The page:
Malcolm Walker, chairman, said home delivery would attract new shoppers, expand its demographic target market and increase the average spend in its shops: "We'll see no benefit from this for a year and it will be a long haul. But we are doing something unique. There are massive costs but it is getting massive take-up. The customers love it."
The comments came as Iceland announced an 18 per cent fall in pre-exceptional half-year profits to pounds 24.5m. The company could not explain how its results came to appear in one national newspaper a day ahead of schedule. The Stock Exchange expressed some concern but said there had been no breach of its rules.
Iceland's home delivery service is free to customers though they must hold the company's Privilege loyalty card and spend a minimum of pounds 25. The drawback is that customers must visit the store to make their purchases and must live within a 10-mile radius (or three miles within the M25).
Deliveries are made during normal trading hours within two-hour time slots.
Mr Walker said the service would be attractive to its core market which is the 60 per cent of British housewives who do not have access to a car from Monday to Friday. Half its stores do not have car parks.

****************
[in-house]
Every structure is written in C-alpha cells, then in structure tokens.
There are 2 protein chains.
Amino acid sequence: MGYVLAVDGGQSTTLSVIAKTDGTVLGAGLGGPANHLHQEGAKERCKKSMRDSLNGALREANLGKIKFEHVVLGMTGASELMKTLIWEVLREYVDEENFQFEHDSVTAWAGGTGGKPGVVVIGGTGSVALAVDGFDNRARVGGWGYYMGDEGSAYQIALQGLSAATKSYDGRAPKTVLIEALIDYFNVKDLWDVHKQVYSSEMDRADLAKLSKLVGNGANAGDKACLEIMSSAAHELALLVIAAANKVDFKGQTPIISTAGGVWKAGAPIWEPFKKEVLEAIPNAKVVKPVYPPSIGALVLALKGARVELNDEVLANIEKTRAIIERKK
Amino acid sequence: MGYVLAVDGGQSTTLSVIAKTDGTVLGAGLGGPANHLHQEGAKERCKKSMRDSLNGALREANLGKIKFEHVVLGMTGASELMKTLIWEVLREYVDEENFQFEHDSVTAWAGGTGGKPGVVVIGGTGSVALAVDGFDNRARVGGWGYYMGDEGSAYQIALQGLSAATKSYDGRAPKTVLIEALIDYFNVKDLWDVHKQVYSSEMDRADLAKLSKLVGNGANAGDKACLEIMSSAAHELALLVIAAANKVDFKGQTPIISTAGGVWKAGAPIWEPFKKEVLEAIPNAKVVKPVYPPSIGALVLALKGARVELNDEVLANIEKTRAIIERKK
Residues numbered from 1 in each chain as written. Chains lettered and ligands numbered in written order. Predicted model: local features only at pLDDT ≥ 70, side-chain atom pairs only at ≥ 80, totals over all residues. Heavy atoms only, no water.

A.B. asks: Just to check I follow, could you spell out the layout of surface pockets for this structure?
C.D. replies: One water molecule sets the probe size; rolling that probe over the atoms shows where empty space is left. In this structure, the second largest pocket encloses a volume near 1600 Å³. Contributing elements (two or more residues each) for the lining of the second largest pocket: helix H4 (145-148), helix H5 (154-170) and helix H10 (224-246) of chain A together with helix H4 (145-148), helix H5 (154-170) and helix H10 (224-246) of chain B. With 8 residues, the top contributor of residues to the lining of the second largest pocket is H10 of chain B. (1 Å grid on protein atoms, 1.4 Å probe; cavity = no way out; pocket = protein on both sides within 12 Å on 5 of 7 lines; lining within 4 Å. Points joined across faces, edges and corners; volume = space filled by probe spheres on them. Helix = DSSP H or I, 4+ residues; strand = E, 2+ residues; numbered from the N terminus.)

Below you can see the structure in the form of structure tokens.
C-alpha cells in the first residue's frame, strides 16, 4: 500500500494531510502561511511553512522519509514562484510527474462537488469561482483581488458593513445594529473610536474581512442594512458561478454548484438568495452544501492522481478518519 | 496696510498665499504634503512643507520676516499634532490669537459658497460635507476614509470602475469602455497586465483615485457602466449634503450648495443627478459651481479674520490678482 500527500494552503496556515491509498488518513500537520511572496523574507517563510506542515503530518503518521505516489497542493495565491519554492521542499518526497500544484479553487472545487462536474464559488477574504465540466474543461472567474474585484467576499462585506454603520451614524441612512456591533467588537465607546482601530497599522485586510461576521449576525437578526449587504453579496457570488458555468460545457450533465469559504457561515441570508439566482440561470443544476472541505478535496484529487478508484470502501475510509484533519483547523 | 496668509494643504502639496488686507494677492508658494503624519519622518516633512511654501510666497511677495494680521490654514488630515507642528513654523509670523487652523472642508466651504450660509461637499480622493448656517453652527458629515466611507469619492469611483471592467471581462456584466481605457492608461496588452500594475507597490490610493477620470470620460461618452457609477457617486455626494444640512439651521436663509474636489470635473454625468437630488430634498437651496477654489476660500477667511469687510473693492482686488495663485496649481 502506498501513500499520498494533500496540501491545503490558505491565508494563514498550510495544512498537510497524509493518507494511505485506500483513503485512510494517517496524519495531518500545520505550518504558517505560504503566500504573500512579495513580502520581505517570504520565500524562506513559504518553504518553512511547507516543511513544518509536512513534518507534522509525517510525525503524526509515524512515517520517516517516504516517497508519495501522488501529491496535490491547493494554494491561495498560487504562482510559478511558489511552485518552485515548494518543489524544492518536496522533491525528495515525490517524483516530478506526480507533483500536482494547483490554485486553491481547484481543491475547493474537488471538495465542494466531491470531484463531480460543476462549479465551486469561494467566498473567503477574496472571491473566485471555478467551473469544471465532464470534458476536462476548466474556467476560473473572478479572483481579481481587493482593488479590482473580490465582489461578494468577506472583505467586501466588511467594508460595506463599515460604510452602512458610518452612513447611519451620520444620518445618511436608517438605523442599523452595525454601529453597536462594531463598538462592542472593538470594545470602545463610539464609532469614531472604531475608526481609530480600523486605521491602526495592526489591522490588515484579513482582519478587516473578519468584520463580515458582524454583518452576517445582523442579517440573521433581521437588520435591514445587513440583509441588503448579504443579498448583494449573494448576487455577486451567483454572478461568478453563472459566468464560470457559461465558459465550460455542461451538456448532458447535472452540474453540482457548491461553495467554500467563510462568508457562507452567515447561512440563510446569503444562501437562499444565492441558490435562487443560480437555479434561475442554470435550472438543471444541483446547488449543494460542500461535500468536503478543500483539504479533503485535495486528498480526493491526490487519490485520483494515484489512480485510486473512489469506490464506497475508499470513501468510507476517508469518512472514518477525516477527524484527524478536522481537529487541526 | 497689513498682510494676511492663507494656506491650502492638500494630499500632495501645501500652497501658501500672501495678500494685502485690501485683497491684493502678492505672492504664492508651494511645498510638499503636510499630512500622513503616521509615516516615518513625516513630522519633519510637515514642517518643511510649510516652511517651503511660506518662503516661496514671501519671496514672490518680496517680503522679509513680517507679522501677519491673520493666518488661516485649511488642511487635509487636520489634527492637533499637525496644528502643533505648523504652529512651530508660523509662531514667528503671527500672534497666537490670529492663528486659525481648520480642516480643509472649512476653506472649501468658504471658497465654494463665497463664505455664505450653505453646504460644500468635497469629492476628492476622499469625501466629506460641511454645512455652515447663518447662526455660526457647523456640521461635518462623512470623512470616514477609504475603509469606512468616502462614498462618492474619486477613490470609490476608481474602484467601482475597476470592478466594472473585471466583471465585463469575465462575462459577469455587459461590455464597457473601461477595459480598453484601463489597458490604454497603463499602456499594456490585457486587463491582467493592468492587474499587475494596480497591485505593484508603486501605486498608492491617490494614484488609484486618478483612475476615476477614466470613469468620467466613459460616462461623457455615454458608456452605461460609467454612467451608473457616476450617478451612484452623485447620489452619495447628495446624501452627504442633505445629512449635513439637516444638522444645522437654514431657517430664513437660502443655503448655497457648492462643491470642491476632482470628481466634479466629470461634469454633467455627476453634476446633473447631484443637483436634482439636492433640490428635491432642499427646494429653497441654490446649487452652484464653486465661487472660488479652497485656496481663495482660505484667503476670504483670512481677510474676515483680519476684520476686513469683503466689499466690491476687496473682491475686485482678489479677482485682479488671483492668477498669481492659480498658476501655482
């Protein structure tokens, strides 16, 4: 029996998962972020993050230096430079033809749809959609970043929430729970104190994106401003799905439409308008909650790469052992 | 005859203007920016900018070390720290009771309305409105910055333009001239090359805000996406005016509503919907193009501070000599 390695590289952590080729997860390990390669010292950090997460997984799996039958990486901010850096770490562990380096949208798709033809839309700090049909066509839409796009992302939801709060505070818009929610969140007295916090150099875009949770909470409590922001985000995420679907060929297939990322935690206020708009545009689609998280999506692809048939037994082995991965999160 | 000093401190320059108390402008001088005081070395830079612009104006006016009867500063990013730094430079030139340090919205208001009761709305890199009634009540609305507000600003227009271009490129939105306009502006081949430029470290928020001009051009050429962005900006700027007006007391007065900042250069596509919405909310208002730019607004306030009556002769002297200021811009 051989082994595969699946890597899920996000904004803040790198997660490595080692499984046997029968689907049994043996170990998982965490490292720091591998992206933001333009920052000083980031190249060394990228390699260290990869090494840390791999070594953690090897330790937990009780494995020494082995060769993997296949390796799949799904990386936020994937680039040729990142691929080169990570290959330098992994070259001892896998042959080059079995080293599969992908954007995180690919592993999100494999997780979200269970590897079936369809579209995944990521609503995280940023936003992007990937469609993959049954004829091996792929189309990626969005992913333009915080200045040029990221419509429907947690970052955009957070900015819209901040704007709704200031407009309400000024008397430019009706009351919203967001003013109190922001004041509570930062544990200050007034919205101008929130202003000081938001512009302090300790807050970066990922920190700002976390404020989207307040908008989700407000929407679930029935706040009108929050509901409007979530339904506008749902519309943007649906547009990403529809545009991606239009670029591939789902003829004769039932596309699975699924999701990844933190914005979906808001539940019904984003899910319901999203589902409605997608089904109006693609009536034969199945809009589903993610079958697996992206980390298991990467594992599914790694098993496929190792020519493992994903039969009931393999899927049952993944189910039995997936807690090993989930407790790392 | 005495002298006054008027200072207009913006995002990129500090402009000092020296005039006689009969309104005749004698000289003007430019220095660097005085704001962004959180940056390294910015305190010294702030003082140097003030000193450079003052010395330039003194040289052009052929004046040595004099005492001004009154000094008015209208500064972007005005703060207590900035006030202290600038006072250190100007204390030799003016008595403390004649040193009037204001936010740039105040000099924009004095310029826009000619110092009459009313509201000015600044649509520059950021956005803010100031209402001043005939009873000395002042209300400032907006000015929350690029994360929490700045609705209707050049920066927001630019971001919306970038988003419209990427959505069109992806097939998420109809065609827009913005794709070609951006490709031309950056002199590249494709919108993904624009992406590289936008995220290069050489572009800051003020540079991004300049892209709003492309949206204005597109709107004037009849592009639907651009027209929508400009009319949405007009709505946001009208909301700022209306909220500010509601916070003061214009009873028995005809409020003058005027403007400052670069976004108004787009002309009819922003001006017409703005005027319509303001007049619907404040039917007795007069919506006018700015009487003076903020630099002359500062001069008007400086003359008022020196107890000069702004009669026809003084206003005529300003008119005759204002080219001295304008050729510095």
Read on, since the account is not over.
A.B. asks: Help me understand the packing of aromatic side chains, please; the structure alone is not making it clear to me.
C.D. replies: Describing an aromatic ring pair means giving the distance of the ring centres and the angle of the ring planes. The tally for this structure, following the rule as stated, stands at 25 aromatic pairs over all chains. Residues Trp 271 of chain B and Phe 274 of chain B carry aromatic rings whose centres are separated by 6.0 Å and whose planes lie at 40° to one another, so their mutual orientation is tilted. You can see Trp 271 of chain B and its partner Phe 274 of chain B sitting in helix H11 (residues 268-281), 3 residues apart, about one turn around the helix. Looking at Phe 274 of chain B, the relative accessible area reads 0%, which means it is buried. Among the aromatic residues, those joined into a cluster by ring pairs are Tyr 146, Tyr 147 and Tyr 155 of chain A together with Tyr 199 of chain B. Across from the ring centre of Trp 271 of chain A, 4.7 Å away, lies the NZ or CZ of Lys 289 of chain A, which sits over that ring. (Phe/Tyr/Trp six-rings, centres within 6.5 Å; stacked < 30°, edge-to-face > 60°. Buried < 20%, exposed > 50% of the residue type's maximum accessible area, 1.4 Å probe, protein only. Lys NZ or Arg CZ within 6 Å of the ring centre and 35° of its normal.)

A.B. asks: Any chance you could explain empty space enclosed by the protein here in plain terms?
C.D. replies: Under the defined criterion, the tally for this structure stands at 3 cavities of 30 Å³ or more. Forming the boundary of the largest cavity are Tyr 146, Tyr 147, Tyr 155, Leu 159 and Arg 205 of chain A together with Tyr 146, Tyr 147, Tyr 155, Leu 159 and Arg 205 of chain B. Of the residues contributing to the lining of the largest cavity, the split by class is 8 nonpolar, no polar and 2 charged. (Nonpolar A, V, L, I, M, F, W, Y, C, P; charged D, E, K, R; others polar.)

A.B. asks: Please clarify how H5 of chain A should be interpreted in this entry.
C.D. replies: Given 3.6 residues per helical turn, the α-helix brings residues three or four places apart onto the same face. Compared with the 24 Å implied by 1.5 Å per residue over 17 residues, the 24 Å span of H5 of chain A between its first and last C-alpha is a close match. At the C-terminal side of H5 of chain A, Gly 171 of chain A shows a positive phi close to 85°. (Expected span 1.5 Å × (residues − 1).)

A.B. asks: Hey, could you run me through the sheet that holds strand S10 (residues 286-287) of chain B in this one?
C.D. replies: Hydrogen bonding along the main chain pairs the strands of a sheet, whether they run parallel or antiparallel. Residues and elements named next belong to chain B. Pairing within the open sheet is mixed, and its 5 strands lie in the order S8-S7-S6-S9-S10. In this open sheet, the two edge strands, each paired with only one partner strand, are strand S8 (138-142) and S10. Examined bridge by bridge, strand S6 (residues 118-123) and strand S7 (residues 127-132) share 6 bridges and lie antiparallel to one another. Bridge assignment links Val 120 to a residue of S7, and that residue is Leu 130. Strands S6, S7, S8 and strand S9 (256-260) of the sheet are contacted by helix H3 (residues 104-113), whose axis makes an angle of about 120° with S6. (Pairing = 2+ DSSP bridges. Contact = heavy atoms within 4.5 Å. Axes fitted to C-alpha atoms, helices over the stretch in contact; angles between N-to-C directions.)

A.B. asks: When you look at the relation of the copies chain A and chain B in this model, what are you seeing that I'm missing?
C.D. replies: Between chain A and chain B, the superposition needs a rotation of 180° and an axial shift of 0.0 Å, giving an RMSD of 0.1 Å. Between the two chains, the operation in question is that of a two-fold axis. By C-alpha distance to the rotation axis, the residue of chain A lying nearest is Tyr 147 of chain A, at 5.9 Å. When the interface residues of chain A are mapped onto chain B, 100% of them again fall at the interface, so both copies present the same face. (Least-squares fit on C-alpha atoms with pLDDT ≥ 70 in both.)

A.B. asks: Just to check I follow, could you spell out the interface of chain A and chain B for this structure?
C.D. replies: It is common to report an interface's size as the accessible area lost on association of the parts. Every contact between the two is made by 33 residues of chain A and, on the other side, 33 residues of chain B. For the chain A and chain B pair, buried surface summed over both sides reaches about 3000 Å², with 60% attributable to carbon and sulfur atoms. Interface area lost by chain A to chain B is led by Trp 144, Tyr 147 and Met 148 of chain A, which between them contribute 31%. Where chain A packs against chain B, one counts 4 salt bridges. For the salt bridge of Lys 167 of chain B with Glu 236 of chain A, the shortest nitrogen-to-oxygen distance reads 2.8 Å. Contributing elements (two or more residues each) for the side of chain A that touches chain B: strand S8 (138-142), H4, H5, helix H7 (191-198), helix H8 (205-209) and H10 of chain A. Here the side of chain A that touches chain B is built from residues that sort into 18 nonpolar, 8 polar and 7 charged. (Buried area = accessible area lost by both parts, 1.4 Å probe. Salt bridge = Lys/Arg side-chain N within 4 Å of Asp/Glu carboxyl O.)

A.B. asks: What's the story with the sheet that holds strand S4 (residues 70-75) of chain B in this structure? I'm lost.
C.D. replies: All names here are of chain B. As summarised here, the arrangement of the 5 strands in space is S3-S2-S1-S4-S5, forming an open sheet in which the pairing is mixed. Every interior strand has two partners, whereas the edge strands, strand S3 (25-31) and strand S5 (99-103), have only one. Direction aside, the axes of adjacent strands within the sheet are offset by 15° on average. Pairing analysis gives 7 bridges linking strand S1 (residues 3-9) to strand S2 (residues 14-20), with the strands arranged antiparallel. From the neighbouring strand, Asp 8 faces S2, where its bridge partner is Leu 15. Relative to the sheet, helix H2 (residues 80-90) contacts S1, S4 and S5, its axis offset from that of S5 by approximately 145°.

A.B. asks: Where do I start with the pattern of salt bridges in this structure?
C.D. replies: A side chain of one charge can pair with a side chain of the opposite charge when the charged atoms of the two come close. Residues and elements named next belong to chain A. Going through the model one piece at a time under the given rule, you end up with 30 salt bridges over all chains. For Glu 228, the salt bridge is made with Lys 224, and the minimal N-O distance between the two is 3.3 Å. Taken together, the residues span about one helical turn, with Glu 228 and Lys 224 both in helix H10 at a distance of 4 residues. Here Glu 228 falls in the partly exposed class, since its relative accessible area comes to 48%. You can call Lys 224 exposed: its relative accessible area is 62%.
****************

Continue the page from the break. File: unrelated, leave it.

Iceland has spent pounds 12m developing the system. It has bought 850 refrigerated vans and will employ an extra 1,000 staff. It is testing a telephone ordering system in one area using a call centre at its head office in Deeside in north Wales.
Though Mr Walker claimed the launch was a unique system that was ahead of rivals, it was criticised by analysts. David McCarthy, food retail analyst at BZW, said: "I don't think it will work. It is too expensive to run and too easily copied."
Somerfield is testing a similar home delivery system with telephone ordering. Others such as Tesco and Sainsbury's are well advanced with Internet ordering and call-and-collect systems, where customers order by phone or fax then visit the store to collect their shopping.
Another analyst said: "They had to come up with a new idea but you still wonder where the growth is going to come from. I don't believe it will win new shoppers to the chain."
In the six months to 28 June Iceland improved its sales by 4.4 per cent to pounds 711m. Like-for-like sales rose by 1.1 per cent during the period and are up by 2 per cent in current trading.
The company said it expected home delivery to increase sales by a level sufficient to cover its costs. This would mean a like-for-like uplift of around 3 to 4 per cent.